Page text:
Each year Canberra Hospital (and many others like it) is faced with the problem of more applications from medical graduates for internships and second year graduates for RMO positions, than training positions. The priority policy which is to guide the allocation of internships was approved by the ACT Health Minister. This policy created priority Categories 1-8 which depended upon the geographic location of the university from which an applicant's medical qualification was obtained. Category 1 is limited to ANU graduates. All internationally trained graduates were automatically in Category 8. The categories inbetween deal with graduates of other Australian universities.

At the time Dr Wang applied, in 2014, there were only enough training positions in the ACT for applications in Category 1 with a few left over for Category 2. There was no prospect of a Category 8 graduate being allocated a training position.

Dr Wang complained that the automatic allocation to Category 8 of internationally trained graduates was unlawful discrimination on the basis of nationality.

The ACT Government argued that the policy did not discriminate on the basis of race because it only took into account where a person trained, not their ethnicity.

Australian Capital and Administrative Tribunal (ACAT) Member Anforth did not accept this submission, stating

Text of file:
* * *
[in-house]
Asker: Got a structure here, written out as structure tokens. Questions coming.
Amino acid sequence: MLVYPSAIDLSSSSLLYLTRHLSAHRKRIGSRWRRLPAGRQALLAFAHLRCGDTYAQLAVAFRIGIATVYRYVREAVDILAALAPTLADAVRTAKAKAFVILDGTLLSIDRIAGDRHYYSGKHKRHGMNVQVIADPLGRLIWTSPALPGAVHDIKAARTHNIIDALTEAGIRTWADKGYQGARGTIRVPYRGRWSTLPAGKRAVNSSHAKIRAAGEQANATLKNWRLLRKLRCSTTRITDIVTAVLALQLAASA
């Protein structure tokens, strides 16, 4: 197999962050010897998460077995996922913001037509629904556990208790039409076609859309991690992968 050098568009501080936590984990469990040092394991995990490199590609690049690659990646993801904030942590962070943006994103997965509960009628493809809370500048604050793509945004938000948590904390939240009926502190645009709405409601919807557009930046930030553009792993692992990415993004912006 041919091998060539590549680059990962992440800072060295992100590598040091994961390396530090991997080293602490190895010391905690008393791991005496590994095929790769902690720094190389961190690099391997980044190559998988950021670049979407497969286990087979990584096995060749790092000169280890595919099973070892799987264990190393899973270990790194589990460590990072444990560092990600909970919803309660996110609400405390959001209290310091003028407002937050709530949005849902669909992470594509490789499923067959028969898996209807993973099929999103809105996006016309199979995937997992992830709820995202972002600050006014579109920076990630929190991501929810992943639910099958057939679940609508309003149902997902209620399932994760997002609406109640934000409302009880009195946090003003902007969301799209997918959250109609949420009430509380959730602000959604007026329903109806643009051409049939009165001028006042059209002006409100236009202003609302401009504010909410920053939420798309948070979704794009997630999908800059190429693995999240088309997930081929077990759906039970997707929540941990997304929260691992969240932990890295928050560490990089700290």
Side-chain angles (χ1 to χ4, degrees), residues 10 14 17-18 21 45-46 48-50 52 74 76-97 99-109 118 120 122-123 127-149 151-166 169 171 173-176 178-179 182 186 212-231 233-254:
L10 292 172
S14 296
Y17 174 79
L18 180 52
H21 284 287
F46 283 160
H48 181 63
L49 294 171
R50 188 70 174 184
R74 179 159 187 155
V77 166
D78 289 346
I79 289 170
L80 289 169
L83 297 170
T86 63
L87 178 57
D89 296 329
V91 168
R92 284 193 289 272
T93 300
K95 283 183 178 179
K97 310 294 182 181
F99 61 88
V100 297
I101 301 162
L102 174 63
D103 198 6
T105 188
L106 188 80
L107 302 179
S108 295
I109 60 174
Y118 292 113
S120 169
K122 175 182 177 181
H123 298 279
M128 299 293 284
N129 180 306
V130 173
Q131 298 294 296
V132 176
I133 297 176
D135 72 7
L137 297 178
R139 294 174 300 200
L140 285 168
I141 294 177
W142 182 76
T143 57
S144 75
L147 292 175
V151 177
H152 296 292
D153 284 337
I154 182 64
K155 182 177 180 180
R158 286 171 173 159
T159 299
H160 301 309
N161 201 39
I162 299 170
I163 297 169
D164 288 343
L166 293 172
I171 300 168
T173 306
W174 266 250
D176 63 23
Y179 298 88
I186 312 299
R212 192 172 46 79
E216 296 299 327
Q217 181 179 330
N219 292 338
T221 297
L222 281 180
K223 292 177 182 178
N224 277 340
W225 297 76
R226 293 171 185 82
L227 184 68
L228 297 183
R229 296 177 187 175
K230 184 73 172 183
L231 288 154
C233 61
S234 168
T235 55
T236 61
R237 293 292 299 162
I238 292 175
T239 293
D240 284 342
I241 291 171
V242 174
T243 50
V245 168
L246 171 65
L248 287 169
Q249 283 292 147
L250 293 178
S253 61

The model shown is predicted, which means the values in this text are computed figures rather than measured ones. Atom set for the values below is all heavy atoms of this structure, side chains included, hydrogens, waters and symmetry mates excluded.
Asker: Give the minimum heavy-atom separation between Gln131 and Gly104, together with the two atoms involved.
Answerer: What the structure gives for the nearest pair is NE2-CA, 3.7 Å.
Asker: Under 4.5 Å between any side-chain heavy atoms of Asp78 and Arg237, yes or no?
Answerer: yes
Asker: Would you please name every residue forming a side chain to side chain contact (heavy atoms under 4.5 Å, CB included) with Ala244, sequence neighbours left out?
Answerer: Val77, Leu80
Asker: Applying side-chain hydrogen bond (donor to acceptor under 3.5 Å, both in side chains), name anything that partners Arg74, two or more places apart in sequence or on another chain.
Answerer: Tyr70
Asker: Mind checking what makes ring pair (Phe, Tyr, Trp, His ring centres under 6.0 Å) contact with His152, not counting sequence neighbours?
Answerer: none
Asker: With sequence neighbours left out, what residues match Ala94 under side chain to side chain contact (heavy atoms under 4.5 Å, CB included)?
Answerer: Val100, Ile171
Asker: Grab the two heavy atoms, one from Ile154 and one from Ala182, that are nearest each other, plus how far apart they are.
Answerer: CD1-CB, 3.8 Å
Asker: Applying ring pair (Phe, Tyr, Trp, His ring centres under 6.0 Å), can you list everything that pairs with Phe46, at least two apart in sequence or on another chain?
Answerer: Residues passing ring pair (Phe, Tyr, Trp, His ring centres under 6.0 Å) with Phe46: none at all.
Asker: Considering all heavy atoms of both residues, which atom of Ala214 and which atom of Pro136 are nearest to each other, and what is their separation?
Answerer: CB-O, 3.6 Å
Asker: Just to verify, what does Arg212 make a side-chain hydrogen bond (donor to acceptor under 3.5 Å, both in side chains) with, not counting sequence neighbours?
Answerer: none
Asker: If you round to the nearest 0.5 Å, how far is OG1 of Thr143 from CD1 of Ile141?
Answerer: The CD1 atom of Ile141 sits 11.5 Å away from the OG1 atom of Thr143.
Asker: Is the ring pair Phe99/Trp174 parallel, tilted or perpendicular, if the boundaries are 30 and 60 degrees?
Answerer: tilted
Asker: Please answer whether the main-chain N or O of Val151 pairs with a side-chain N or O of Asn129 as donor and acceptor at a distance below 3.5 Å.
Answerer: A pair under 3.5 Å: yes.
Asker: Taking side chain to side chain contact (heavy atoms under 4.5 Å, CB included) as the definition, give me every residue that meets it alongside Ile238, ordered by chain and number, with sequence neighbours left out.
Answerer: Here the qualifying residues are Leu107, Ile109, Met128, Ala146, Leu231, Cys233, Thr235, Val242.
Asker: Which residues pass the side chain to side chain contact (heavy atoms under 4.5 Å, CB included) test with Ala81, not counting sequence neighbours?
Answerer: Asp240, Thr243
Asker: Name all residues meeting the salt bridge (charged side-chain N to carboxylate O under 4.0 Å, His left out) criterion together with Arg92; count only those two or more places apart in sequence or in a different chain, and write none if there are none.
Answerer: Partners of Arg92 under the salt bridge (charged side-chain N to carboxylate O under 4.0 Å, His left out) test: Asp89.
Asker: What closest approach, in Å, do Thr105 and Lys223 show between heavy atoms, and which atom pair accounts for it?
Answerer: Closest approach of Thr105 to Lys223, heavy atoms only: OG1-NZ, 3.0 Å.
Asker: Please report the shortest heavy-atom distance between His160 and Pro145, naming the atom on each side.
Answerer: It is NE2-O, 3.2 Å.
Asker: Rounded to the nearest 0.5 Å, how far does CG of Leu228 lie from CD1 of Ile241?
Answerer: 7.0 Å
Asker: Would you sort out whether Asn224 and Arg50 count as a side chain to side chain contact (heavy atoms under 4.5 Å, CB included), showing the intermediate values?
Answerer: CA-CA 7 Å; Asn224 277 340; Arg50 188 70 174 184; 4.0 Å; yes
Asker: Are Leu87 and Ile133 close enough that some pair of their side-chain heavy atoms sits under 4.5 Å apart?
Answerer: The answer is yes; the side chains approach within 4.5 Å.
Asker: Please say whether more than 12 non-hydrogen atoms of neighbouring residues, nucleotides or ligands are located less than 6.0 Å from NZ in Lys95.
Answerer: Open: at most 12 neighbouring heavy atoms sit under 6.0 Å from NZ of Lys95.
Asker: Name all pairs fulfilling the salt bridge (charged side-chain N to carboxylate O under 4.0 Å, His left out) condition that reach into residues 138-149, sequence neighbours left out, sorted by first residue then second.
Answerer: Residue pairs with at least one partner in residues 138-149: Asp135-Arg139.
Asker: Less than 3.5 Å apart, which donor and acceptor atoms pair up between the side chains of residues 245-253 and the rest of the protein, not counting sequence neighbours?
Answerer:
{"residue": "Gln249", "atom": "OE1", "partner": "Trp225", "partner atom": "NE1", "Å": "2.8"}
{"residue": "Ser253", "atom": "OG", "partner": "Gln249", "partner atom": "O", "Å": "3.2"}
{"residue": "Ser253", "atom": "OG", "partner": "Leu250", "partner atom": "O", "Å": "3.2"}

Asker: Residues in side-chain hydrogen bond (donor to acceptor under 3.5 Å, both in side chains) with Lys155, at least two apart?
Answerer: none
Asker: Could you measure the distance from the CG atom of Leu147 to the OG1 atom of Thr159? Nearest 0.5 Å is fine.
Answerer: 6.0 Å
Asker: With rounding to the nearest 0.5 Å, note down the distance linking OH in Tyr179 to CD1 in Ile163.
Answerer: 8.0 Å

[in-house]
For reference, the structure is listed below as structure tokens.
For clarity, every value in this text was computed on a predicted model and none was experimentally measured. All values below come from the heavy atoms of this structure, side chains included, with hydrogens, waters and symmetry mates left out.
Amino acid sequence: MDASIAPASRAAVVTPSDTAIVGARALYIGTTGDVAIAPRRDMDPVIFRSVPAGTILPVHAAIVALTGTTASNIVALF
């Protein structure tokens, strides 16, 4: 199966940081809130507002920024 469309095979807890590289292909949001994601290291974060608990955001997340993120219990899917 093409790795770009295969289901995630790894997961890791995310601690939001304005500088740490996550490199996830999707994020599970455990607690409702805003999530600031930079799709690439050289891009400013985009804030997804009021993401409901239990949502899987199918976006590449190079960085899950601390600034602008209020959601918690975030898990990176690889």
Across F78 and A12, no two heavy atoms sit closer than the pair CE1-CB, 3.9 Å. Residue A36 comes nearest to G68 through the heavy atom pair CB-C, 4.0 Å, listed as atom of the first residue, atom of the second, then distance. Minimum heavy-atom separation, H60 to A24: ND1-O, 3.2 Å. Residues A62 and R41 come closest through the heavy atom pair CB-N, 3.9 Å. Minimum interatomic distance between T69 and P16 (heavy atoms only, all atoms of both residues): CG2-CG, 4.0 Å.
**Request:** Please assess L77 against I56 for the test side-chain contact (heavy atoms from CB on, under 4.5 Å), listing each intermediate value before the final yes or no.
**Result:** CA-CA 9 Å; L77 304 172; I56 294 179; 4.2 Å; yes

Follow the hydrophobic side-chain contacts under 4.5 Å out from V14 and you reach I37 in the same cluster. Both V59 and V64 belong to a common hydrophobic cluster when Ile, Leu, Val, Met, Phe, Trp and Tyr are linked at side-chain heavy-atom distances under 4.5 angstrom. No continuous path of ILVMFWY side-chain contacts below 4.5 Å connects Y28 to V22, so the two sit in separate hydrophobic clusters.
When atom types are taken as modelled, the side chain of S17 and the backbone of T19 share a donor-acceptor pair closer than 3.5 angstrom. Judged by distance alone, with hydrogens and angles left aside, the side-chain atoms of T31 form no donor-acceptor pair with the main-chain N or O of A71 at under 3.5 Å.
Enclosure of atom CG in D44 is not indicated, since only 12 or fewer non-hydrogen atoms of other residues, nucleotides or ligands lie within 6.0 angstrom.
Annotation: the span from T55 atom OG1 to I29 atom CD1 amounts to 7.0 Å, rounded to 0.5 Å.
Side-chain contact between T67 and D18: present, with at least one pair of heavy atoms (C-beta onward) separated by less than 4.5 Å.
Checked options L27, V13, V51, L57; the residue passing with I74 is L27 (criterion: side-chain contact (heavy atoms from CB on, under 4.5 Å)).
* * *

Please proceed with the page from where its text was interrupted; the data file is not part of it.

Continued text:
It is beyond trite and warrants no argument, that it is 'generally' the case that graduates of a Chinese medical school are 'generally' of Chinese nationality, and the same is also true of other nations.

The ACAT found:

  • Dr Wang had been discriminated against by reason of his race in contravention of section 8(1)(a) and 8(1)(b) of the Discrimination Act 1991 (ACT) (the Act) in automatically placing him in Category 8 of the Priorities Policy governing internships, however;
  • Dr Wang did not establish that the hospital had discriminated against him by virtue of his race in contravention of section 8(1) (a) or of section 8(1)(b) of the Act in relation to the RMO positions.

In the judgment, the ACT Health Minister was criticised for signing off on the policy which allowed hospitals to preference doctors trained in Australia and commented that the policy may also be in breach of the Constitution of Australia.

The tribunal has asked the ACT Government to justify the "reasonableness" of its conduct and criticised the ACT Health Minister for signing off on such a policy. ACAT Member Anforth said:

"It is not open to a Minister ... or to any public administrator to side step that law because they perceive parochial economic advantages in doing so."

Both parties have been given more time to make submissions in light of the findings of ACAT.

To ensure your recruitment and selection policies are not discriminatory, contact Rachael Sutton or Alicia Mataere in our Workplace Relations team.

The content of this article is intended to provide a general guide to the subject matter. Specialist advice should be sought about your specific circumstances.